Interest on loans and savings
Financial institutions such as banks, credit unions and building societies use different terms for the interest you are charged or earn on their financial products.
The four most common terms you will see are:
- Annual Percentage Rate (APR)
- Equivalent Annual Rate (EAR)
- Annual Equivalent Rate (AER)
- Compound Annual Rate (CAR)
APR and EAR are used for the interest you are charged on loans and overdrafts.
AER, CAR and EAR can be used for the interest you earn on savings.
Interest on loans and overdrafts – APR
The Annual Percentage Rate (APR) is a calculation of the overall cost of your loan. It is an annual rate that represents the actual yearly cost of the funds borrowed. It takes into account all the costs during the term of the loan including any set up charges and the interest rate. This means that fees and charges are added to the loan amount before interest is calculated.
APR is calculated each year on the reducing amount of the loan you still owe as you pay it back. The higher the APR the more it will cost you to borrow.
All lenders must quote the interest rate on a loan or credit card as an APR. This requirement is in Section 21 of the Consumer Credit Act 1995.
You can use the APR to compare loans once they are for the same amount and the same term. For example, a loan with an APR of 15% is more expensive than one with an APR of 11%. You cannot use APR to compare loans of different terms – if the terms are different you should look at the cost of credit. The cost of credit is the real cost of borrowing. It is the difference between the amount you borrow and the total you repay.
The CCPC has a loan comparison tool that shows you the total cost and monthly repayments for personal loans that are available.
Interest on loans or savings – EAR
The Equivalent Annual Rate (EAR) can be used to calculate interest earned on an account that has money in it or interest charged on an account that is overdrawn. For example, a current account with an overdraft facility can have 2 EAR rates – one for interest paid when the account is in credit and another for interest charged when the account is overdrawn. If only one EAR is quoted you should find out whether it applies to your credit balance or your overdraft. Always check the interest rate charged on your overdraft facility with your bank.
EAR takes into account when the interest is charged or earned, and any additional charges. Examples of additional charges are quarterly fees or set-up charges.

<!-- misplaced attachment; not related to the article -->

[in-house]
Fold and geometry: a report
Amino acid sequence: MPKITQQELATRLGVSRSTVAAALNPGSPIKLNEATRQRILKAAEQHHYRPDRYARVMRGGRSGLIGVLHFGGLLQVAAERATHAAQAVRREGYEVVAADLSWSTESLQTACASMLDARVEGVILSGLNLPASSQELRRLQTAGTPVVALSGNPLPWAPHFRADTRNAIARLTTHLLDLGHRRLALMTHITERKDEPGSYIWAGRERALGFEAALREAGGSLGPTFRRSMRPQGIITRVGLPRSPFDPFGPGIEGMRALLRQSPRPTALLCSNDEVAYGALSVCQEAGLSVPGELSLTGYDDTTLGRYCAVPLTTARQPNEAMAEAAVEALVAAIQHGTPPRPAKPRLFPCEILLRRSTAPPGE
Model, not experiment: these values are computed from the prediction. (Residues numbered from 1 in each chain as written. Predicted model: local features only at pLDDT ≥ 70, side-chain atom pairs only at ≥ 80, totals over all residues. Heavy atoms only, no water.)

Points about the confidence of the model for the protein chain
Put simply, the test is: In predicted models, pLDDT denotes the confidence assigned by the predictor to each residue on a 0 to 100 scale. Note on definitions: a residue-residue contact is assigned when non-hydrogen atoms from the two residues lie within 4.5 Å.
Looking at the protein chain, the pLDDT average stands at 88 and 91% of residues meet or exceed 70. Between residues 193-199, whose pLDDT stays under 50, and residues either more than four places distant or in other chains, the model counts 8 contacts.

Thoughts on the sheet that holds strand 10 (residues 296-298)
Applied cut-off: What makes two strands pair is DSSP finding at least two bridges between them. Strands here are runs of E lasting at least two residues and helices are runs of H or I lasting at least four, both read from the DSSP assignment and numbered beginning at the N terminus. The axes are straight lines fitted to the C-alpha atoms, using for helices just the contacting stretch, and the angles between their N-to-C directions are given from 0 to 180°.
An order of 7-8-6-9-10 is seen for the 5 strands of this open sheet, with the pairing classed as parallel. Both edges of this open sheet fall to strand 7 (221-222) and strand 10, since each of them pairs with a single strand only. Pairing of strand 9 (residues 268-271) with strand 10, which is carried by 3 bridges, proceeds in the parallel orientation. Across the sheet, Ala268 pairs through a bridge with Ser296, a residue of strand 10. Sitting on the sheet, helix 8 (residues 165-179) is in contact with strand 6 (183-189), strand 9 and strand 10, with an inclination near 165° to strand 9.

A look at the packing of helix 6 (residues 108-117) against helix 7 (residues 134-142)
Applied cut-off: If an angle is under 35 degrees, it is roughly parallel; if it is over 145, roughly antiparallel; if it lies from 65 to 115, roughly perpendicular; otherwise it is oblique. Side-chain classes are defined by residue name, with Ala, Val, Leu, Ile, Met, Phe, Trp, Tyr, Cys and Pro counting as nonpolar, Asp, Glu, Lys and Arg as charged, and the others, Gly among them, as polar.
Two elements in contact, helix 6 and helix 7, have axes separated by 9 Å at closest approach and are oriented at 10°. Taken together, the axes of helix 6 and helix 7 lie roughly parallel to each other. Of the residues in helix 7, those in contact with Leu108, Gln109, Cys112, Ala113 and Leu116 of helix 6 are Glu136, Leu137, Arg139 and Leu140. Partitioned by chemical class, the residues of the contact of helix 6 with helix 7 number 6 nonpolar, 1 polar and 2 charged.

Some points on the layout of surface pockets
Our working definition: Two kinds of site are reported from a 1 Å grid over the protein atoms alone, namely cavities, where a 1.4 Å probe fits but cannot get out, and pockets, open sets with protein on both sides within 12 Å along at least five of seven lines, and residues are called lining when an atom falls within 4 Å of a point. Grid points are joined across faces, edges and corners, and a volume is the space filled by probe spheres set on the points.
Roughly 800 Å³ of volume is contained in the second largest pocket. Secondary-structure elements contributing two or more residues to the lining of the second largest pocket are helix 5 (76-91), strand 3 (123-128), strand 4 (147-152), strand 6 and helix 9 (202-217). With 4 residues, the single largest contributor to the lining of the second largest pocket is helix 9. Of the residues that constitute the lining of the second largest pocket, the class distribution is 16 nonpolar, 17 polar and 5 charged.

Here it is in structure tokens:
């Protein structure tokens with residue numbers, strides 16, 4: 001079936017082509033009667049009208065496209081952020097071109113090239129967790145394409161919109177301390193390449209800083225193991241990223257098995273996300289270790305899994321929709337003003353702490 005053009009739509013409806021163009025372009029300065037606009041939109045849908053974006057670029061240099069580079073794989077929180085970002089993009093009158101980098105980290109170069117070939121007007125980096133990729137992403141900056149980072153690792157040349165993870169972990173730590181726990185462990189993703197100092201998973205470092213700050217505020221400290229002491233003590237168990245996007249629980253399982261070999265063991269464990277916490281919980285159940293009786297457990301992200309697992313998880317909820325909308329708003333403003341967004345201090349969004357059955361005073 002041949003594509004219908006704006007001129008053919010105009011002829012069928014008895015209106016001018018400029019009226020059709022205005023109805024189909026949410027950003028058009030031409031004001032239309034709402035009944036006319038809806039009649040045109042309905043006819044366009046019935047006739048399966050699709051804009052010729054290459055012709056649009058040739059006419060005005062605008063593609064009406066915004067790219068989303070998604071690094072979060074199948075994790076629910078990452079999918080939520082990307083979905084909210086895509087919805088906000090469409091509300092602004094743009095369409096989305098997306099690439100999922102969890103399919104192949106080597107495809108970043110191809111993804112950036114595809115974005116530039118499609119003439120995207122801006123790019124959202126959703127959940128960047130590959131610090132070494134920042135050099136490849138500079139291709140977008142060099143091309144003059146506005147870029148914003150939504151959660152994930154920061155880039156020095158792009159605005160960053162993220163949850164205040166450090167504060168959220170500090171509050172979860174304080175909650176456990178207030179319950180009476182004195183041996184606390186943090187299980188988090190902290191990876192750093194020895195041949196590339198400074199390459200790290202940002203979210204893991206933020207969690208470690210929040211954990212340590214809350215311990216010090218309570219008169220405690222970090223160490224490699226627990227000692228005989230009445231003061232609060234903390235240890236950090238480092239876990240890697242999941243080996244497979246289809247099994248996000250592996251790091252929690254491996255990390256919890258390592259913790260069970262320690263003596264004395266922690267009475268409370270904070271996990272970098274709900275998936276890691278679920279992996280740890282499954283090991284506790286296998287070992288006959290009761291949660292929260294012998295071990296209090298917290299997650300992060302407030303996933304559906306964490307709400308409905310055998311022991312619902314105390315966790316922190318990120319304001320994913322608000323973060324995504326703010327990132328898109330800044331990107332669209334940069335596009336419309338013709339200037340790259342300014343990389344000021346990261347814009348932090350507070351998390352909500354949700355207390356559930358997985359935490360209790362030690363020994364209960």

EAR calculates the interest as if it is paid once a year, even if it is paid twice or three times per year. This allows you to use EAR rates to compare an account where the interest is paid or charged monthly with one where the interest is paid or charged annually.
The higher the EAR, the more interest you will be charged or earn.
Interest on savings – AER and CAR
Annual Equivalent Rate (AER) and Compound Annual Rate (CAR) both show you the real interest you will earn on savings or interest-based investments at the end of a year.
AER is the amount of interest earned in a year. AER is useful for comparing the return on savings accounts because it shows how much is earned regardless of how often interest is credited to an account. It is standard practice in Ireland to list interest as AER for savings accounts. You may earn less than the AER because your money may not be invested for a full year. AER is usually quoted without taking DIRT into account.
Sometimes firms use Compound Annual Rate (CAR) instead of AER on savings and investment products, for example, tracker bonds.
AER and CAR both take into account how often interest is paid because when the interest is added to your savings your savings increase. As a result, the next time the interest on your savings is calculated this increases too. This called compound interest – see example below.
If a financial institution, quotes an AER or CAR rate for an account, there may also be terms and conditions attached to that account which can stop you from getting the full rate. For example, you may not get the full rate if you withdraw your savings before a certain date.
AER and CAR do not take into account fees or charges.
The CCPC has savings comparison tools that show you the rate and amount of interest paid by savings and deposit accounts that are available.
Example of compound interest:
If a financial institution quotes an interest rate of 4% per year compounded every 6 months, it pays 2% compound interest every 6 months. The amount of interest that is paid at the end of 6 months then earns interest for the second 6 months of the year. For this reason, 4% compounded every 6 months, is not the same as 4% compounded annually.
For example, you invest €500 with your bank at a rate of 4% each year, compounded every 6 months. For the first 6 months, the interest of 2% on €500 gives €10. This interest is then added to the initial amount to give a running total of €510. The interest for the second 6 months of the year is 2% of €510 = €10.20. Added to the €10 for the first 6 months, this gives €20.20 for the year. The annual interest rate is therefore 20.20/500 x 100 = 4.04%.